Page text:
In November 2015, the FASB issued ASU 2015-17, Balance Sheet Classification of Deferred Taxes (Topic 740). This update requires that deferred tax liabilities and assets be classified as noncurrent in a classified balance sheet. This update is effective for annual and interim periods beginning after December 15, 2016, which will require us to adopt these provisions in the first quarter of fiscal 2018. Early adoption is permitted. We do not expect the adoption of this guidance to have a material impact on our consolidated financial statements.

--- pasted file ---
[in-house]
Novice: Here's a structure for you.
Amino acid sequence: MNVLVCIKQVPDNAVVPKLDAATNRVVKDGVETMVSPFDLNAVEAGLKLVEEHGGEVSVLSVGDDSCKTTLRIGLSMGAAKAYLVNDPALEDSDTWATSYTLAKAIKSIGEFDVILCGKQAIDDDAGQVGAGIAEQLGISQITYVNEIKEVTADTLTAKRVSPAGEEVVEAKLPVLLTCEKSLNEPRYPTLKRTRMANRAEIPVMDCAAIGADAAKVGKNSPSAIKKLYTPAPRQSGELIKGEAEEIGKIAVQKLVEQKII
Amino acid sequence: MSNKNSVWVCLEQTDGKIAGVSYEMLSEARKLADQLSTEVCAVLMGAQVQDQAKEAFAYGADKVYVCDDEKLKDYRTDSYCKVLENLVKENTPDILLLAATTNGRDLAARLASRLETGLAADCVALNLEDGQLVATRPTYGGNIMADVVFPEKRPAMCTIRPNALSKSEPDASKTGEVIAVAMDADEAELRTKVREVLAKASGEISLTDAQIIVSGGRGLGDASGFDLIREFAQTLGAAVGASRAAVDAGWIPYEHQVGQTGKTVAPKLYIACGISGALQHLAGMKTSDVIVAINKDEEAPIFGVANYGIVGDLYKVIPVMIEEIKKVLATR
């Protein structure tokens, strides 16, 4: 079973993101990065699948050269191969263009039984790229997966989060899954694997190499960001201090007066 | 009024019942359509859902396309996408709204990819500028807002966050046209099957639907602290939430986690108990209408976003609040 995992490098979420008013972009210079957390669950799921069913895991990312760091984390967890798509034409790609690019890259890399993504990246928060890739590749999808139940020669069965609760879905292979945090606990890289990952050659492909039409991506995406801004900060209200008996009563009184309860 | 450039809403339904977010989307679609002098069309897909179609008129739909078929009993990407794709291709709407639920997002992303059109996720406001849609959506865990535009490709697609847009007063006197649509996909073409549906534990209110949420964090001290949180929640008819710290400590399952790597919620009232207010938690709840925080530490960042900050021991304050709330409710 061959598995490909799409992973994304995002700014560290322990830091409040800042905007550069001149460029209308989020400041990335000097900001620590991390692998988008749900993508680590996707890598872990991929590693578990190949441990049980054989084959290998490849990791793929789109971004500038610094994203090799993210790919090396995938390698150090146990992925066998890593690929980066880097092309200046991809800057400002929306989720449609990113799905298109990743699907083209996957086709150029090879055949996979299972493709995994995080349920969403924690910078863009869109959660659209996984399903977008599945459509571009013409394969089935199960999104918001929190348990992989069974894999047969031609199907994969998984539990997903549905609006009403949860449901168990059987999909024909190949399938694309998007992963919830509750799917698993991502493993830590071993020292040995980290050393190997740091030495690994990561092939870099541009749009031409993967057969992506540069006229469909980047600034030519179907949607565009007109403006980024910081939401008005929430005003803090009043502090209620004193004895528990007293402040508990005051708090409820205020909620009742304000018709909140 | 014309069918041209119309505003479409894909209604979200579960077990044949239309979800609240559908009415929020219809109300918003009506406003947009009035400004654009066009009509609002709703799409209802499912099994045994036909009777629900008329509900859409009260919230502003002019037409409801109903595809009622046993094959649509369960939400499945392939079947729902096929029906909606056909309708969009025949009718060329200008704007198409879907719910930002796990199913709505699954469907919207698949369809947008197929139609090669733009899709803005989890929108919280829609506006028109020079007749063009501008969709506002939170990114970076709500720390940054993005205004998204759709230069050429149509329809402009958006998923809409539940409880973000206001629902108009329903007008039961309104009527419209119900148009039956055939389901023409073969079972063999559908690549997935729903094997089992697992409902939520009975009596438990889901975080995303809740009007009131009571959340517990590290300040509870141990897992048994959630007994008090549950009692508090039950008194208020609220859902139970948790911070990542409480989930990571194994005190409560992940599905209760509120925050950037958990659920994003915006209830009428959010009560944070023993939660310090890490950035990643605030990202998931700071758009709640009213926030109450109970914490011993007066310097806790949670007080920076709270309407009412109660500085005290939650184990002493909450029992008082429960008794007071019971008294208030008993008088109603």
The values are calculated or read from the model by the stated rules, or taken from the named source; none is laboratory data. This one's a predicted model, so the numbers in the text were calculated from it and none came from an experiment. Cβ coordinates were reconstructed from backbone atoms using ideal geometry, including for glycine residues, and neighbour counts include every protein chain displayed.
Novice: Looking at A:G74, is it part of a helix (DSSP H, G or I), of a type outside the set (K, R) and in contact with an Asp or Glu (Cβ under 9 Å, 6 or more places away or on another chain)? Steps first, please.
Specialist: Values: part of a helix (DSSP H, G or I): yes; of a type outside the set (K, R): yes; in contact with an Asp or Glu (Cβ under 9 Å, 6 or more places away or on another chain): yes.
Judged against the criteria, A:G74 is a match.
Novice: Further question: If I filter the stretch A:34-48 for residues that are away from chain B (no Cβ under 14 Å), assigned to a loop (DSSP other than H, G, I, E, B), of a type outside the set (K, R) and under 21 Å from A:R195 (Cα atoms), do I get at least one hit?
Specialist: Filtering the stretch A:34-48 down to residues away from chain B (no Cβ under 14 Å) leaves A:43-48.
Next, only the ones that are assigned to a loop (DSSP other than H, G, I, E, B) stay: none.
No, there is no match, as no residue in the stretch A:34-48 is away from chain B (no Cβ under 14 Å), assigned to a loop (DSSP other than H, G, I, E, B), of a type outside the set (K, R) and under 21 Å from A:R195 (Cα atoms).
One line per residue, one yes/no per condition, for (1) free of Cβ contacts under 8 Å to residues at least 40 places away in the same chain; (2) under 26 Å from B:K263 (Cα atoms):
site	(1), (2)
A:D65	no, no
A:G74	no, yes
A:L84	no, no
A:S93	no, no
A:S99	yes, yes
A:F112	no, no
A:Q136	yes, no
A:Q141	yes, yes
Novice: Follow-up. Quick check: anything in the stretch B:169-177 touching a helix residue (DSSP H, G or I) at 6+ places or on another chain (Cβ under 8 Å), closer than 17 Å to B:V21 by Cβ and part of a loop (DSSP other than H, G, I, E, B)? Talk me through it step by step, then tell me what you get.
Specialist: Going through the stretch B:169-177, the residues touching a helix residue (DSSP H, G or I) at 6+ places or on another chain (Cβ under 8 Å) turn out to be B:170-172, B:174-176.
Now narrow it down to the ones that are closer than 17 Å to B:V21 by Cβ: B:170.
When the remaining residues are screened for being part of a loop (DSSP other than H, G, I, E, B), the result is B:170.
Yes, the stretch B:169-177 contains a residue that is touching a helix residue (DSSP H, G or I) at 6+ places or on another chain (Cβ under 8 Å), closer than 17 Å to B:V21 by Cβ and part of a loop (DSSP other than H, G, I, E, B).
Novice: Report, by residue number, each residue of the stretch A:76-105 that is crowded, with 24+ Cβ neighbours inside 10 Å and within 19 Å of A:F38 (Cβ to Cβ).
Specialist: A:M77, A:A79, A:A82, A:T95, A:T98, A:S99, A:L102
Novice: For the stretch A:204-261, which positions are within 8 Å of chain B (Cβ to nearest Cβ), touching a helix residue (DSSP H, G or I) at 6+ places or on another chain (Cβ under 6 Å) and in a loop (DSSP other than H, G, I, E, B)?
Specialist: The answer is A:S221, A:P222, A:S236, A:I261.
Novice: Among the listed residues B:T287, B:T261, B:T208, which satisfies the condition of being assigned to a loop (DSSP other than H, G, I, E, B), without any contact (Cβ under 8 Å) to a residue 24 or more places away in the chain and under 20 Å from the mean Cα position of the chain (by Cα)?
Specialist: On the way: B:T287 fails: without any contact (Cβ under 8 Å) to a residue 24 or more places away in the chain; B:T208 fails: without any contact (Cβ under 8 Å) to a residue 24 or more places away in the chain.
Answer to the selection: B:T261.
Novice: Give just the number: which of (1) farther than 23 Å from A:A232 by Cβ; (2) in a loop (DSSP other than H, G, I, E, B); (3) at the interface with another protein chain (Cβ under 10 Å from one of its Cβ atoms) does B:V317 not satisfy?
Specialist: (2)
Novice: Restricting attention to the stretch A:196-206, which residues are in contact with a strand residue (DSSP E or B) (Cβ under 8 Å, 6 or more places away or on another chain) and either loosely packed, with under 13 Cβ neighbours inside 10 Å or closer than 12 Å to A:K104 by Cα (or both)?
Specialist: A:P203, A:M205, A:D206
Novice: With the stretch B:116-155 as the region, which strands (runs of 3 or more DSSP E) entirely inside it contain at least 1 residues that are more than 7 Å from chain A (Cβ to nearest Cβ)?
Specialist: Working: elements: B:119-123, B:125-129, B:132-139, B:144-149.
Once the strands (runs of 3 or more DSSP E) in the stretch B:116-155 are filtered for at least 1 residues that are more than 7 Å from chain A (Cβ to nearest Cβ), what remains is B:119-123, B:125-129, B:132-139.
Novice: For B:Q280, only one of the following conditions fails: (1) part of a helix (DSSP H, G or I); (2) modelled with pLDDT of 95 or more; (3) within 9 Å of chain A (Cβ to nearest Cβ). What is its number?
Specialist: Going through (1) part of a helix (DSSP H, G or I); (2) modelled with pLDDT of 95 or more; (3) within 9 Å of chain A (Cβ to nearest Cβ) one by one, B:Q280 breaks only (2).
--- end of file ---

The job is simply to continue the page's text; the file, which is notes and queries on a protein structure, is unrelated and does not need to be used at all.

In February 2016, the FASB issued ASU 2016-02, Leases (Topic 842). This update requires a lessee to recognize on the balance sheet a liability to make lease payments and a corresponding right-of-use asset. The update also requires additional disclosures about the amount, timing and uncertainty of cash flows arising from leases. This update is effective for annual and interim periods beginning after December 15, 2018, which will require us to adopt these provisions in the first quarter of fiscal 2020. This standard requires adoption based upon a modified retrospective transition approach for leases existing at, or entered into after, the beginning of the earliest comparative period presented in the financial statements, with optional practical expedients. Based on a preliminary assessment, the Company expects that most of its operating lease commitments will be subject to the new guidance and recognized as operating lease liabilities and right–of-use assets upon adoption, resulting in a significant increase in the assets and liabilities on our consolidated balance sheet. The Company is continuing its assessment, which may identify additional impacts this standard will have on its consolidated financial statements and related disclosures.